A calendar is only as good as the events it holds. Otherwise, you’re just building a pretty picture frame.
Quantity Balanced with Quality
Here’s what I’ve found as good guidelines for today’s leading community calendars:
Small towns should aim for 10-25 events per day
Cities should aim for 50-100 events per day
Launch (or re-launch) with these numbers in mind – stocking the current and following month.
Inputting events is a sisyphean task – every day events drop off and new ones need to be added. So, unless you have an unlimited budget and patience for copying/pasting specific events to your site – you need to automate the event flow.
Step 1 – Event Submission
You should always have a button on your calendar to allow for public submissions.
Event Submissions > Settings – customize your form by choosing the required fields you would like your visitors to fill out.
Event Submissions >Submit Event Button – you have the option to embed a bigger “post your event” button anywhere on your site.
Step 2 – Build a list of your favourite Venues/Sources
You’ll need their name, calendar url, phone number, email address and Twitter handle (mentions are a great way to build relationships). Send newsletters out regularly to keep your site on top of people’s mind for posting events.
These sources are also potential sponsors if you’re interested in monetizing (more on that on in a few days).
Step 3 – Automation, Pulling Feeds
To get a steady stream of reliable event content, you need to pull events directly from relevant calendars. When you use the synched import function you get all the calendar updates on an hourly basis.
The challenge is that not all calendars are at the point where they share feeds. Become the event-thought leader in your community.
Use your browser’s search to find 25-50 good local feeds e.g. if you’re a community site in Dallas focusing on the arts, search for:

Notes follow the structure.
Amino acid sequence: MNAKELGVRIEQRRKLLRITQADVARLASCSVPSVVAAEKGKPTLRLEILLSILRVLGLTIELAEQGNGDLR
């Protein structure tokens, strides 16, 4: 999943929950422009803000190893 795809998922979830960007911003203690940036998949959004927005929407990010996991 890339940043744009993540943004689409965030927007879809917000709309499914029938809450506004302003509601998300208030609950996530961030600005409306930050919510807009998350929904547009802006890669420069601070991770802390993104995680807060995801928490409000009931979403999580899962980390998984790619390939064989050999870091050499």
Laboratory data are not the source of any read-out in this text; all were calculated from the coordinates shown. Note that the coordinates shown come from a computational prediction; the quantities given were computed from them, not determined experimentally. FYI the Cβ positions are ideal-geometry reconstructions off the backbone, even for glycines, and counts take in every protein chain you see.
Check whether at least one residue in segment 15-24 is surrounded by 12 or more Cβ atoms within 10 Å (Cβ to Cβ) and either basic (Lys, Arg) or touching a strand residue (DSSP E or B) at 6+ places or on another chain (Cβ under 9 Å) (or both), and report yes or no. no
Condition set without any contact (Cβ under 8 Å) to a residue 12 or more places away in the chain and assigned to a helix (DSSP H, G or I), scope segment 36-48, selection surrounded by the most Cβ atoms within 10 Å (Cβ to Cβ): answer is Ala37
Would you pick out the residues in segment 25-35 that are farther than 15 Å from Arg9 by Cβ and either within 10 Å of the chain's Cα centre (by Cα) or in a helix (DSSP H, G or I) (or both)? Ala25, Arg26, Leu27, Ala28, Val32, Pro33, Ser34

“Dallas” & “Timely Calendar” & “Art”
“Dallas” & “Timely Calendar” & “Culture”
“Dallas” & “Google Calendar” & “Music”
Reason to search for Timely calendars first is that you can import images, get more data, and you can filter their calendar and pull specific categories & tags (whereas Google and other feeds provide an all or nothing). Ie. you may want a pub’s live music events, but not their brunch specials – or you might want to pull these feeds separately into your ‘music’ and ‘wine & dine’ categories respectively.
Facebook – Authorize your facebook account so that you can seamlessly import events from Facebook as well.
You can make edits to events and preserve your changes when feeds are refreshed (click the Preserve button right below the Publish when you’re editing an event). This becomes increasingly important as you customize an event’s category or filters, as well as adding additional content or images brought in from Google or similar calendars with limited information. (double check if it will be ready with Hub release -preserve changed)